GAZA CITY — Israel announced it would cease attacks on Palestinian militants in Gaza for five hours Thursday at the request of a United Nations official, but a ground operation against rocket-firing militants in the territory looks increasingly likely.
A five-hour lull is scheduled for 10 a.m. to 3 p.m., Ynet reported. A U.N. official made the request after Hamas on Tuesday rejected an Egyptian cease-fire proposal to stop hostilities in which 215 Palestinians and one Israeli have died, according to The Jerusalem Post.
Justice Minister Tzipi Livni, Israel's top peace negotiator in U.S.-brokered peace talks that failed recently, told Israel's Channel 2 on Wednesday that a ground invasion of Gaza will be necessary if rocket fire from the Hamas-controlled territory continues.
Her comments came hours after Prime Minister Benjamin Netanyahu's Cabinet approved the call-up of 8,000 reservists, bringing to 56,000 the reservists on active duty, according to The Jerusalem Post.
The chances of a ground operation that could involve the occupation of Gaza and last several months are increasingly high, according to reports by The New York Times and Washington Post, citing an unnamed source in the Israeli military.
Earlier Wednesday, Israeli warplanes intensified attacks, bombing a coastal area in Gaza where four Palestinian boys were killed. Israel warned tens of thousands of Gaza residents near the border to leave their homes.
At least seven people were wounded in the attack west of Gaza City, where the four boys — cousins ages 9 to 11 — were playing on a beach, said Ashraf Al Kedra, a Palestinian doctor. The Israeli military said it was looking into the incident.
"It's a cold-blooded massacre," said the boys' uncle, Abdel Kareem Baker, 41. "It's a shame they didn't identify them as kids with all of the advanced technology they claim they're using."
The United Nations has said the majority of those killed in Gaza as a result of Israel's Operation Protective Edge, which started July 8, have been civilians. Israel blames Hamas for hiding and launching rockets in crowded public areas and using civilians as shields.
Israel accepted an Egyptian truce proposal Tuesday that called for a halt to hostilities, but Hamas rejected the deal, saying it did not believe Egypt's rulers — who deposed a Hamas-friendly government in Cairo last year — could be fair brokers.
In a news conference Wednesday, Sami Abu Zuhri, a senior Hamas official, said the group feels "alone in the field" with little support from the Arab world. Zuhri, who vowed the militant group will continue its attacks on Israel, called on Palestinian President Mahmoud Abbas to support Hamas' refusal of the cease-fire.
In Washington, White House spokesman Josh Earnest said, "The situation in Gaza is very urgent. We are concerned about reports of loss of life on both sides of the border."
The United States stands "firmly behind the Israelis and their right to defend themselves," he said. "And not just a right but a responsibility."
Earnest said there is still hope that the cease-fire proposal by Egypt could be accepted by both sides. He made clear which side the White House blames for the crisis. "We certainly would like to see Hamas accept the cease-fire," he said.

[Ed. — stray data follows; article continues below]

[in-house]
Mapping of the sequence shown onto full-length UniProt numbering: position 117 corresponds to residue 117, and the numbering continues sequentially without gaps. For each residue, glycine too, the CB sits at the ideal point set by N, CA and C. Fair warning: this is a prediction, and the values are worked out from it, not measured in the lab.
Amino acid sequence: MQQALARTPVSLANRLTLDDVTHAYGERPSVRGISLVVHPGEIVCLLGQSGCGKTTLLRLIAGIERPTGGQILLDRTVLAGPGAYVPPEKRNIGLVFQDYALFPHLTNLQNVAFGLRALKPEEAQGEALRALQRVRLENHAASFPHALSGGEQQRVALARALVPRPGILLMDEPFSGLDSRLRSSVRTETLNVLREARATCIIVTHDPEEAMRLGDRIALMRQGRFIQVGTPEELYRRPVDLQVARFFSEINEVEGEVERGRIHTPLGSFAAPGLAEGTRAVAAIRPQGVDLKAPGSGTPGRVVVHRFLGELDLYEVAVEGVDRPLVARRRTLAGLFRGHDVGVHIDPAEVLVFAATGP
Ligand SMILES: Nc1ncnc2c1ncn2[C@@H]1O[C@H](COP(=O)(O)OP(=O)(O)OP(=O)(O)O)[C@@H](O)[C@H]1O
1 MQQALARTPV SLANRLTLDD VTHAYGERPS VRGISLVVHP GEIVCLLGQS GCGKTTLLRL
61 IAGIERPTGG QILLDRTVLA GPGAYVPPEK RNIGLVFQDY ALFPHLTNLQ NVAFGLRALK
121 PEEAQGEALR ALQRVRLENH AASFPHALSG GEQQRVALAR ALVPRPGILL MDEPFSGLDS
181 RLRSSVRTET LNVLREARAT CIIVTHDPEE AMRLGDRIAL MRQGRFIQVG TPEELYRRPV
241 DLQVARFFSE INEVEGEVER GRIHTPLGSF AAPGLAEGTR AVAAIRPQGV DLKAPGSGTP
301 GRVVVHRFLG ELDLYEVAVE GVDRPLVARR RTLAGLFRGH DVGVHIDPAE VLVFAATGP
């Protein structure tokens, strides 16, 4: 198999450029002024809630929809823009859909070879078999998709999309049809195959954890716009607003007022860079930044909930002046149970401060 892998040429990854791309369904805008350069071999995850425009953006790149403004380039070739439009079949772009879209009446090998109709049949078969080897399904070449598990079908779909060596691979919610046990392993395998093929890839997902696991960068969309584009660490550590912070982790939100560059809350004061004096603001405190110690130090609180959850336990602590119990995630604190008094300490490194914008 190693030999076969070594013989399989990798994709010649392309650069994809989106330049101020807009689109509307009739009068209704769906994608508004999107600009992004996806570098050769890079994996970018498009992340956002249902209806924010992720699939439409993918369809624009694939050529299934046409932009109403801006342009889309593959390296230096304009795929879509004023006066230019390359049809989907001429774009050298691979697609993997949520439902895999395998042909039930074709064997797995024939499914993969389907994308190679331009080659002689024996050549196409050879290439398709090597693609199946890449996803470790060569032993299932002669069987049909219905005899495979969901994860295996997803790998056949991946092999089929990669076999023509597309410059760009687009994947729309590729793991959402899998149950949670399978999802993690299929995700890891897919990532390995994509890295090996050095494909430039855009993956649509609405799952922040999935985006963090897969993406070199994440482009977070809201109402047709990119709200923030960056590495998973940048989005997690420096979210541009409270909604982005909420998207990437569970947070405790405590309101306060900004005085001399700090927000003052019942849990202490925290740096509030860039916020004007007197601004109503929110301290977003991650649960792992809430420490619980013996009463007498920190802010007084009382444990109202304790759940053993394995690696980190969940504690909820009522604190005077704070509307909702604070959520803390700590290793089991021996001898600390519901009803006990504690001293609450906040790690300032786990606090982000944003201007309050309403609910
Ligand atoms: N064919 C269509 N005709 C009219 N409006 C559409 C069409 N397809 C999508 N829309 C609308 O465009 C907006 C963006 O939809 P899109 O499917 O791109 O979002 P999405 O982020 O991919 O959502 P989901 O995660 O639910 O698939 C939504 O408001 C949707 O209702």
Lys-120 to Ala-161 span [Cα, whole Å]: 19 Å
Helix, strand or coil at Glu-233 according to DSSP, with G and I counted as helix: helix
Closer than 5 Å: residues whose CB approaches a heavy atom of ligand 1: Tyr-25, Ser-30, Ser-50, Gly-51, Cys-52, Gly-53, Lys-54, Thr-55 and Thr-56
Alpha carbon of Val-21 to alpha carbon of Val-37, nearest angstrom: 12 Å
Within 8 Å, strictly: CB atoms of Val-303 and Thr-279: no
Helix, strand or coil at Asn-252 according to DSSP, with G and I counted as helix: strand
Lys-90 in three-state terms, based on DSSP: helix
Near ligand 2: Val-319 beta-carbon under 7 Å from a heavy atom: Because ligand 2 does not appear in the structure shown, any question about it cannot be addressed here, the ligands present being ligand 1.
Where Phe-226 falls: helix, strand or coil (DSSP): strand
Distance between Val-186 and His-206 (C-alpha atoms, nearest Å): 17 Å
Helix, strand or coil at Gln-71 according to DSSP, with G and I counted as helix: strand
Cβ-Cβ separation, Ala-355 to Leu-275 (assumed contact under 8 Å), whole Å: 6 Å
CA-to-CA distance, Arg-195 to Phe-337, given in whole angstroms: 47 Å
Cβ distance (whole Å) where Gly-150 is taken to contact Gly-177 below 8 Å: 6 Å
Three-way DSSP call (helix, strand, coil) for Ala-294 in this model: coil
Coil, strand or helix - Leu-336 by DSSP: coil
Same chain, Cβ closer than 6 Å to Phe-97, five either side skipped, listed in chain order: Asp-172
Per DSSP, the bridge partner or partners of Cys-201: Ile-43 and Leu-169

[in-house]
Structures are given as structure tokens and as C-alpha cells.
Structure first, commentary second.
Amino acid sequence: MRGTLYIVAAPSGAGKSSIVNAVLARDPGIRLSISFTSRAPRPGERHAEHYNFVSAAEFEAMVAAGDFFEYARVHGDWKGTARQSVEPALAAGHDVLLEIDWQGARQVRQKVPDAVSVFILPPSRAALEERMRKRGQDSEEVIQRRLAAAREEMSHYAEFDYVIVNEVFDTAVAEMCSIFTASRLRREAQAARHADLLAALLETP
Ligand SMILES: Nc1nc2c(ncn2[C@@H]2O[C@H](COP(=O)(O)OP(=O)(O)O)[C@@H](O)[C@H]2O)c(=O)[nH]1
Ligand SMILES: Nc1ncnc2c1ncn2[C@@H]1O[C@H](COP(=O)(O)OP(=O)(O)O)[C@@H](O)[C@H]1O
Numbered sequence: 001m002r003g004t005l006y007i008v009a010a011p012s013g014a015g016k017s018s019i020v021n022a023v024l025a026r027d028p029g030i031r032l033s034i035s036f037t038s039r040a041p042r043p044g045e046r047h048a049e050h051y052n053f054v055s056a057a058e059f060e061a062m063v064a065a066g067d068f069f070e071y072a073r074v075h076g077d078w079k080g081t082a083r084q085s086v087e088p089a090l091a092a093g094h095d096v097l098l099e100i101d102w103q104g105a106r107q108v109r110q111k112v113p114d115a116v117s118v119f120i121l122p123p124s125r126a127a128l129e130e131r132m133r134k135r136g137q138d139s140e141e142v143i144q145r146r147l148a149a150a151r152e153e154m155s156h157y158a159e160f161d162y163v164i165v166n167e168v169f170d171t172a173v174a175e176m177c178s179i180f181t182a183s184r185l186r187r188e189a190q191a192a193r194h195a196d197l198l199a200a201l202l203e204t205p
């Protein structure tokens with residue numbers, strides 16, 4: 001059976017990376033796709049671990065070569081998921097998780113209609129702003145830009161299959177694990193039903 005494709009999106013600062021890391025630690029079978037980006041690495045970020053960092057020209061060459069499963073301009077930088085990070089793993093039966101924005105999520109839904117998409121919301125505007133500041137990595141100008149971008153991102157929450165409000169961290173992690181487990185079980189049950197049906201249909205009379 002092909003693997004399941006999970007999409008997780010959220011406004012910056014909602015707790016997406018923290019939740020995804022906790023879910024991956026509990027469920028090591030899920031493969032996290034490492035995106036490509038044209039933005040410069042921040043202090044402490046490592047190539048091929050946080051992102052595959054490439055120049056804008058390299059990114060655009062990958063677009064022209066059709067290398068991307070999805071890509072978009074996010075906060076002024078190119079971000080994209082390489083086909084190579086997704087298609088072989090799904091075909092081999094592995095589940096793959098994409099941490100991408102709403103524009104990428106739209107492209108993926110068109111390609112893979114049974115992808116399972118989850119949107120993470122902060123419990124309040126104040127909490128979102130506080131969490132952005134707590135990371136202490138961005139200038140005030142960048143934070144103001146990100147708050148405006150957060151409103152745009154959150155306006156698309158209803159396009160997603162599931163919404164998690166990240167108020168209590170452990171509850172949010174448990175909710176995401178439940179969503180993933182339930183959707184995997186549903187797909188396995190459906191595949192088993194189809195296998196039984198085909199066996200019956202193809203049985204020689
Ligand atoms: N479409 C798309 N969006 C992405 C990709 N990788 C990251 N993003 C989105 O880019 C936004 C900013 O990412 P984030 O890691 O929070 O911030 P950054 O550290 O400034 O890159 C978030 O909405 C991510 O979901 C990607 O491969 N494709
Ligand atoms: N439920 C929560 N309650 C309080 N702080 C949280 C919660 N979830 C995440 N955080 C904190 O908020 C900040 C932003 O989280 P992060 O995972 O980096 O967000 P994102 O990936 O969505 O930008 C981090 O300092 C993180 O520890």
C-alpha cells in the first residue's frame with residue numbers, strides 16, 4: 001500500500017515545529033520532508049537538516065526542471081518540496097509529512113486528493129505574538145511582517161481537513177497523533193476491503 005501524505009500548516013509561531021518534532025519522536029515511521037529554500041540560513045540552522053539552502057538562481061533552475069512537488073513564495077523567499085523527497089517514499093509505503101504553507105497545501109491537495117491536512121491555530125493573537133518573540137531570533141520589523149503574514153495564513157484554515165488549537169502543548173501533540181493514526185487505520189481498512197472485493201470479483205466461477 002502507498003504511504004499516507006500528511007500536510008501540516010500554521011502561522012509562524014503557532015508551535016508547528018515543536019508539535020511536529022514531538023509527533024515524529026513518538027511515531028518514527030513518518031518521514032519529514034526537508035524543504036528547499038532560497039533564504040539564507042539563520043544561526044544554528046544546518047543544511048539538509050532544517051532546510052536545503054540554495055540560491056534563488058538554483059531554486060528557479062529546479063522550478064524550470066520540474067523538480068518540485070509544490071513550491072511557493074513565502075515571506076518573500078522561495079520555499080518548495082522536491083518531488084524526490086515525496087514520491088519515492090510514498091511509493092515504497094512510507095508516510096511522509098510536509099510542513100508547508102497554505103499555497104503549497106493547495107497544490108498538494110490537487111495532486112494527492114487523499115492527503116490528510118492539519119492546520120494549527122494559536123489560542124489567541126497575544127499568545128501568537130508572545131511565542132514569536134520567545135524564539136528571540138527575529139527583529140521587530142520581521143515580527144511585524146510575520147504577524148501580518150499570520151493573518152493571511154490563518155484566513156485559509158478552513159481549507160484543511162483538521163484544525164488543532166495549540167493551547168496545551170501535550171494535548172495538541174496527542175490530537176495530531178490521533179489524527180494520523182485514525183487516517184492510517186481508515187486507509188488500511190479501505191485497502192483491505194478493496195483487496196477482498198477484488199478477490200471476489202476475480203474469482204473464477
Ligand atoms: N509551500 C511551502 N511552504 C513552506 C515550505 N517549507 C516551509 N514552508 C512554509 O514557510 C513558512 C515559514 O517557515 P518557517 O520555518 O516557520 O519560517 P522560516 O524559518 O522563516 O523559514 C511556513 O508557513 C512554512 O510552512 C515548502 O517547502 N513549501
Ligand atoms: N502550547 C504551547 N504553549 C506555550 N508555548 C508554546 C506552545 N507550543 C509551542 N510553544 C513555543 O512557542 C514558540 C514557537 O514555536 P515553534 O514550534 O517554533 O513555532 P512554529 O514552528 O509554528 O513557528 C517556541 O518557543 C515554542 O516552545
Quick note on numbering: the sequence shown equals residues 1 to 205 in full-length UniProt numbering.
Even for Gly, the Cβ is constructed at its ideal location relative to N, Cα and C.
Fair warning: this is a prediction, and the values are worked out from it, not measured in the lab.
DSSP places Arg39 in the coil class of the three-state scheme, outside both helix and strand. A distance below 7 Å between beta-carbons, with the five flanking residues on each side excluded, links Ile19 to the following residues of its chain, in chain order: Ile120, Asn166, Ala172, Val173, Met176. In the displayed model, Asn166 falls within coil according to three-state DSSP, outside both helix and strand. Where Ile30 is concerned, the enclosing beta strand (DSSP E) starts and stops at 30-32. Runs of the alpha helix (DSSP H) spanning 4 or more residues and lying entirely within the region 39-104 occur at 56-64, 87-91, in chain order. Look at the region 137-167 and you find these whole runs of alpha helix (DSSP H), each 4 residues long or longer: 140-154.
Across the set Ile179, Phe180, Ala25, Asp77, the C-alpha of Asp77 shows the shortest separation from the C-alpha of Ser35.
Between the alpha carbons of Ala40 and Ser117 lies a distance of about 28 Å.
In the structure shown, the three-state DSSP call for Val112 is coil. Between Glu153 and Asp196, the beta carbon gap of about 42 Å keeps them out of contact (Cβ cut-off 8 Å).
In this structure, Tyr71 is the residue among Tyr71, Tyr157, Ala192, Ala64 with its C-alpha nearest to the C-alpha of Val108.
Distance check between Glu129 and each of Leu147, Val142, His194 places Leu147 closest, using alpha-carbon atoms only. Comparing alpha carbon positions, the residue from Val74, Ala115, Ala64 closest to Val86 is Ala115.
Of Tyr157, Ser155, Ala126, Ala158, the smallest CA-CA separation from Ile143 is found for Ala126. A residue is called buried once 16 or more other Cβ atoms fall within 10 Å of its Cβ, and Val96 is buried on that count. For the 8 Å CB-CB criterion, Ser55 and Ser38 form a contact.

Israel told residents of the northern town of Beit Lahiya and the Zeitoun and Shijaiyah neighborhoods of Gaza City, all near the border with Israel, to evacuate their homes by 8 a.m. Wednesday. The warnings were delivered in automated phone calls, text messages and leaflets dropped from planes.
The Israeli military said in its message that large numbers of rockets were launched from these areas and that Israel plans to bomb these locations.
"Whoever disregards these instructions and fails to evacuate immediately endangers their own lives, as well as those of their families," the message said.
A Hamas website said Wednesday that Israel fired missiles at the homes of four of its senior leaders. Hamas militants fired a barrage of rockets back, and some reached deep into Israeli territory.
During the past two weeks, Hamas has launched hundreds of rockets at Israeli border communities, and six of them landed in Kibbutz Nir Oz on Wednesday.
Judy Hagai, a resident of Kibbutz Nir Oz, a little more than a mile from the Gaza border, said the situation is an escalation of what she and Israelis in the area have experienced, on and off, for nearly 15 years.
"We had one (rocket) hit two days ago about 100 meters from our house that caused a huge crack in the wall of our house. Yesterday, another one hit our neighbor's garden 100 meters away in the opposite direction," Hagai said.
Hagai said Israel had no choice but to fire on Hamas targets.
"Unfortunately, our neighbors are placing their armaments near civilians and then telling them not to heed Israel's warnings to evacuate," she said.
Civilians in Gaza say they are caught between the back-and-forth of political and military decision-makers.
"We are the victims of politicians," said Ibrahim Badwan, 38, an accountant and father of five in Gaza. "We want to live a decent life, to bring up our children in a safe environment."
"People in Gaza have had enough," Badwan said.
Mohammad Nizar, 32, a shop owner in Gaza City, said any cease-fire must benefit Gazans.
"Let me tell you that I do not like Hamas, but I support the resistance in general," Nizar said.
Dumalaon reported from Berlin. Contributing: Oren Dorell from McLean, Va., Michele Chabin from Jerusalem; Gregory Korte in Washington; the Associated Press